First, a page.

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Kylie

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  1. Like
    Kylie reacted to Mary Featherston in What is your favorite way to listen to recorded music?   
    Oh, lots.  Classic rock, folk, bluegrass, jazz.  Classical, but I tend not to listen to that in the car, it's generally longer than my commute and I don't think it would impress people if I insisted in sitting in the parking lot until Ma Vlast was done.  The last couple of days I've had two alternating earworms:  One Hand, One Heart from West Side Story (and I blame @Kyliefor that) and "It's a Long Way from Amphioxus".  I can sing "Hatikvah" in Hebrew and "Suo Gan" in Welsh (really badly, I don't have a good singing voice)
    You? 
  2. Like
    Kylie got a reaction from Mary Beth in Newly diagnosed SSD, trying to decide whats best   
    I also had sudden SSD. I chose the cochlear implant because I wanted stereo sound and the highest quality outcome including music listening. I have been very happy with the results, which are continuing to improve at 18 months on. It was very functional from an early stage.
    I do not completely understand some of the options you mentioned as they were not options for me but others can comment on some specifics there.
  3. Like
    Kylie got a reaction from Megan L. in Evaluating CI for Single-Sided Deafness - would appreciate your advice   
    Hi @PamR
    Sorry for the delayed response, haven't checked my notifications for a whole week while I was moving house!
    Anyway... I also became SSD suddenly, at age 38, following an ear infection.
    I also found it affected my orientation, not hearing people behind me (very off putting when surprised and hard for my kids who weren't heard unless they were face to face). And it affected my enjoyment of all noisy environments, which I started avoiding. I rescheduled all my catch ups to quiet coffees at home or at an outdoor cafe. Weddings and funerals were a hearing nightmare - too many people in a small space plus background music. And I am a singer in a vocal group so hearing and performing music was very difficult and depressing. The list could go on couldn't it!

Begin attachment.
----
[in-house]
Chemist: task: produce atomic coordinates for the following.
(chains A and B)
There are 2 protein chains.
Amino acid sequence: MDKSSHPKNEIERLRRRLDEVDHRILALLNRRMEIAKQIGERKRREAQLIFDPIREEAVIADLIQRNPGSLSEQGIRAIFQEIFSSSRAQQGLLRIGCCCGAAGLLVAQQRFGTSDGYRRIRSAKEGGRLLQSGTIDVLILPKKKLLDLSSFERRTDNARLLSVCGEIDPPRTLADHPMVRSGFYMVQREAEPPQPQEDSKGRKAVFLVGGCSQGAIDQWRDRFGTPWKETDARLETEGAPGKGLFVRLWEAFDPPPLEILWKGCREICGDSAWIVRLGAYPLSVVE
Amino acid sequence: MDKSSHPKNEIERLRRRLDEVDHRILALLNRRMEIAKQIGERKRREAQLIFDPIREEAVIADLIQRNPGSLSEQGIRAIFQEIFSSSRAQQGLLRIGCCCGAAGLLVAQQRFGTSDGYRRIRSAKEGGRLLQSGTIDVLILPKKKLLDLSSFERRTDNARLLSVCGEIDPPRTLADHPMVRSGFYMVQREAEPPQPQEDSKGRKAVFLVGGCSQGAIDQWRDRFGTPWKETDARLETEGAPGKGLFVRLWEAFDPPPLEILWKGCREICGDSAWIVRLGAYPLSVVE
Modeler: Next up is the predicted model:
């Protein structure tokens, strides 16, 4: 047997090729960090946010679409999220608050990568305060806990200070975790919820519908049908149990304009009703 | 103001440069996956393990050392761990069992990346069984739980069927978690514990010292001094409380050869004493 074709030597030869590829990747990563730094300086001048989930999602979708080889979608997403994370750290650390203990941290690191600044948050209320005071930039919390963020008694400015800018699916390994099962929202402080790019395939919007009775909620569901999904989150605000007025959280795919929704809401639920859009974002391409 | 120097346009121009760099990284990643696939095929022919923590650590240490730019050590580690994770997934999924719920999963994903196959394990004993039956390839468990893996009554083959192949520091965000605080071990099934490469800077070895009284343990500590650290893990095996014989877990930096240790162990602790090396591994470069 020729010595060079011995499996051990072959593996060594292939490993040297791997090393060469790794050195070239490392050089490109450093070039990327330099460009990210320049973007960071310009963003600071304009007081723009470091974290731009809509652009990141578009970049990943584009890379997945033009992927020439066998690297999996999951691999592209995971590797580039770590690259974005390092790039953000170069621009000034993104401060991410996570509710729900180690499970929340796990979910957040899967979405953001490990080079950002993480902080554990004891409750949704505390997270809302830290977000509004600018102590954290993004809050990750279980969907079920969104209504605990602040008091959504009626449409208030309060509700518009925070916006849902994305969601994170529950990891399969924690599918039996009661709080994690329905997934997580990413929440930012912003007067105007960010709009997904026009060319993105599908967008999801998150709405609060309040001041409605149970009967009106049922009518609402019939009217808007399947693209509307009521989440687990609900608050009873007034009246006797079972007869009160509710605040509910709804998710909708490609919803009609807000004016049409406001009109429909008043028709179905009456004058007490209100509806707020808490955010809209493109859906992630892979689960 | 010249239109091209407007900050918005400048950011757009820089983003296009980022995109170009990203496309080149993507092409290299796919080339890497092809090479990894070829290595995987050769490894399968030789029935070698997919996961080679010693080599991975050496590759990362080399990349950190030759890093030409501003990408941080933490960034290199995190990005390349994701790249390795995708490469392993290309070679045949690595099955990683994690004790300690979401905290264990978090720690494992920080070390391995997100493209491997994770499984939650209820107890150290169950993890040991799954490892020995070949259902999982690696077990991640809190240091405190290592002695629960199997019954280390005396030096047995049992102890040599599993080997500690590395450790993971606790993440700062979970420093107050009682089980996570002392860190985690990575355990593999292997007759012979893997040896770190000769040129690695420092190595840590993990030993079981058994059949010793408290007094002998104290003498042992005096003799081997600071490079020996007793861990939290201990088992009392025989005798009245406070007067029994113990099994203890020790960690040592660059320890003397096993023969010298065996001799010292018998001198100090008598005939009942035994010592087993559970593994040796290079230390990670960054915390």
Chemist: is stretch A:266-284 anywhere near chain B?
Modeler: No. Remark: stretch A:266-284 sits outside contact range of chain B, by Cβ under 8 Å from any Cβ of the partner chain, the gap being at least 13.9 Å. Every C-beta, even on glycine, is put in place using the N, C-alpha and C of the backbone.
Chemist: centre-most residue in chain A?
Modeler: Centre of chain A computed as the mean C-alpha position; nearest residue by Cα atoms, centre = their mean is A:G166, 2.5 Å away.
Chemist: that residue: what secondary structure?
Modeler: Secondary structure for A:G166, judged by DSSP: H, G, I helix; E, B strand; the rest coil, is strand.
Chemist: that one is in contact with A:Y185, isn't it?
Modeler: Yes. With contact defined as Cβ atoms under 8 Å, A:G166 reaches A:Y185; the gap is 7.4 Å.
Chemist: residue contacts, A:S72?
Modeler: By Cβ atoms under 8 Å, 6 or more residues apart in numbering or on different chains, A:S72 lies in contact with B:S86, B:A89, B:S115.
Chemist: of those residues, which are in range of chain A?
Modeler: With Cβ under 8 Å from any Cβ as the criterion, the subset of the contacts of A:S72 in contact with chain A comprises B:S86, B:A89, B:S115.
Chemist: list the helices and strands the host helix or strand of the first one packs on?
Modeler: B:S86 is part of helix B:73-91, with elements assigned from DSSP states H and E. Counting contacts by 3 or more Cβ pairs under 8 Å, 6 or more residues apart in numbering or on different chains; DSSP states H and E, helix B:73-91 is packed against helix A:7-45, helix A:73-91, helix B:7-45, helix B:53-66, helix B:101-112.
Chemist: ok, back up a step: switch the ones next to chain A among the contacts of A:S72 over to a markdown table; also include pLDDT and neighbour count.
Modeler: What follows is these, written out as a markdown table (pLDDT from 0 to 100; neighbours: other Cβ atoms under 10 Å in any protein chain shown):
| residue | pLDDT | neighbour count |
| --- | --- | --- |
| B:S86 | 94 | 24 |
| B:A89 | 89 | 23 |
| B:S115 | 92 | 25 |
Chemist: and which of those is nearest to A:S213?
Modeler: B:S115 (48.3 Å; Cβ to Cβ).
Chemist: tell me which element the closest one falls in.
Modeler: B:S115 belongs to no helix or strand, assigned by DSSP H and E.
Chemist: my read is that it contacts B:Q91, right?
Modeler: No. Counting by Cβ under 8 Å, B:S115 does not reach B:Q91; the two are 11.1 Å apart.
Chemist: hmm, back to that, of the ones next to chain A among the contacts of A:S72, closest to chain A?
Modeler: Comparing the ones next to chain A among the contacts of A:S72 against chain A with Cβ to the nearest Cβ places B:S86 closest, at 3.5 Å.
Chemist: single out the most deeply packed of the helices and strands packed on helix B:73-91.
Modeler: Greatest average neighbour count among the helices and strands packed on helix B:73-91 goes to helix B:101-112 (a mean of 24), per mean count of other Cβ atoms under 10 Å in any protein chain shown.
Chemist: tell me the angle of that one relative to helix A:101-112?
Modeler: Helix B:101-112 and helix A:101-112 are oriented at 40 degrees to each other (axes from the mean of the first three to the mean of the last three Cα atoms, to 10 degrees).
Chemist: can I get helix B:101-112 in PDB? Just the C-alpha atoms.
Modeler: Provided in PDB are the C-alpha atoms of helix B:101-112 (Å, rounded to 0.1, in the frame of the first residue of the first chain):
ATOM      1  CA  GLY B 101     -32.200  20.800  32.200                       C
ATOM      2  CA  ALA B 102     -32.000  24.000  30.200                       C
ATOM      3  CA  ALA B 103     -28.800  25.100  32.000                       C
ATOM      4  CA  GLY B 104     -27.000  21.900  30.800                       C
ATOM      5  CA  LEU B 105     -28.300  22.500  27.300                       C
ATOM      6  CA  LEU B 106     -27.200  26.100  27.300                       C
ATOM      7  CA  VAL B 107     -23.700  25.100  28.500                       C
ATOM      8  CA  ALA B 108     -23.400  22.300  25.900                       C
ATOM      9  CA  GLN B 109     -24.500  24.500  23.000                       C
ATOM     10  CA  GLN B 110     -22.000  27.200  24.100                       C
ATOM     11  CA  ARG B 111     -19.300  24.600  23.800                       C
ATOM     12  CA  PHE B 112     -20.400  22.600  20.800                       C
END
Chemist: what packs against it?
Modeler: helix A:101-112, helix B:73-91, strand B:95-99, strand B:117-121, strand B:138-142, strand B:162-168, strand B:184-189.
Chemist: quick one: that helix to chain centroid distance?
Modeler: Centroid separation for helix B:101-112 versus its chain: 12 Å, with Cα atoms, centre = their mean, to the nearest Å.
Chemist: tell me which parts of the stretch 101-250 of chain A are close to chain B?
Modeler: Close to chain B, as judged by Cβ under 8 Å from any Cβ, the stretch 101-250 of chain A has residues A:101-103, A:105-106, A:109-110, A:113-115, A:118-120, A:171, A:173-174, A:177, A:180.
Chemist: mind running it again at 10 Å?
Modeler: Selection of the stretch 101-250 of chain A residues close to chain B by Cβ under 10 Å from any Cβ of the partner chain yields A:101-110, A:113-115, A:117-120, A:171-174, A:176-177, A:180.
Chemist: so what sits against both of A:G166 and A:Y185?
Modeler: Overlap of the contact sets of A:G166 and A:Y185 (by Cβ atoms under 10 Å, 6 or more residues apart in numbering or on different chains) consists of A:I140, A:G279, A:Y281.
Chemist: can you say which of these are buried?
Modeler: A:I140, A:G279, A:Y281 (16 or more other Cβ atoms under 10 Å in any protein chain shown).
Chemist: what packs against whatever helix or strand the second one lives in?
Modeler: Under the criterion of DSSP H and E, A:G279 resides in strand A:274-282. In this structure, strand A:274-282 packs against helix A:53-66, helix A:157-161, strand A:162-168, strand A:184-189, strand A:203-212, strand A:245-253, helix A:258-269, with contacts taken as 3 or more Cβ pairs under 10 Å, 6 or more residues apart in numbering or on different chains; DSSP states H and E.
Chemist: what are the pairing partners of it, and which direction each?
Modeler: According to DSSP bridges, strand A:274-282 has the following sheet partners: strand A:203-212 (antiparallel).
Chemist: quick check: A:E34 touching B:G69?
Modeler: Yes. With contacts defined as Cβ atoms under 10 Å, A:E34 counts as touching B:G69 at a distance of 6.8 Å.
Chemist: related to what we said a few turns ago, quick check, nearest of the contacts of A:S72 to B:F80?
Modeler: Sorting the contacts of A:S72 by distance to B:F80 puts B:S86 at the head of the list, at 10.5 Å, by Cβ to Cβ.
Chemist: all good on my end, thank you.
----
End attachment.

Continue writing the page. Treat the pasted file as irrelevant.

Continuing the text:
CI was the only option recommended to me so I took it! I was willing to risk the surgery for any improvement at all. And it has been fabulous. I am 1.5 years post surgery and all the things mentioned above are better now!! I have the sonnet 1. I wear it every waking minute and wouldn't be without it. My new sound is not exactly like my previous hearing but it is functional and amazing and better than I imagined. Including for music.
    You ask what advice we would offer? Do endless research beforehand so you are the most informed about the process, how the CI works, and the range of outcomes possible. Talk to people who have done it (like this forum!) If you do go ahead, be optimistic in your mindset to set yourself up for success. Do your rehab practise. Tell everyone in your life what you're doing so they can support you. Keep talking on this forum for more support!
  4. Thanks
    Kylie reacted to Megan L. in October HearPeers Virtual Coffee Chat   
    @Kylie
    Love your choir’s music!! Thanks for the channel, already subscribed 🤩 Looking forward to hearing more songs!!
     
  5. Like
    Kylie reacted to Mary Featherston in October HearPeers Virtual Coffee Chat   
    Thanks for the choir channel, @Kylie! 
    Also, I meant to say when we were talking about the Artone neckloop that I often leave my office and walk to the printer, in another room while on calls.  I can hear, but can't speak, of course, but it's kind of cool to walk into another room and still know what's going on.
  6. Thanks
    Kylie reacted to Mary Beth in October HearPeers Virtual Coffee Chat   
    @Kylie
    I subscribed to your choir’s YouTube channel!  
     
    Your group is terrific and I love the music selections!
  7. Like
    Kylie got a reaction from Megan L. in October HearPeers Virtual Coffee Chat   
    Link to my choir's channel, as discussed...  https://www.youtube.com/channel/UCZY6W1sKj6_s7cFep-ntorg/videos
  8. Like
    Kylie got a reaction from Joan in October HearPeers Virtual Coffee Chat   
    Link to my choir's channel, as discussed...  https://www.youtube.com/channel/UCZY6W1sKj6_s7cFep-ntorg/videos
  9. Like
    Kylie got a reaction from Mary Beth in October HearPeers Virtual Coffee Chat   
    Link to my choir's channel, as discussed...  https://www.youtube.com/channel/UCZY6W1sKj6_s7cFep-ntorg/videos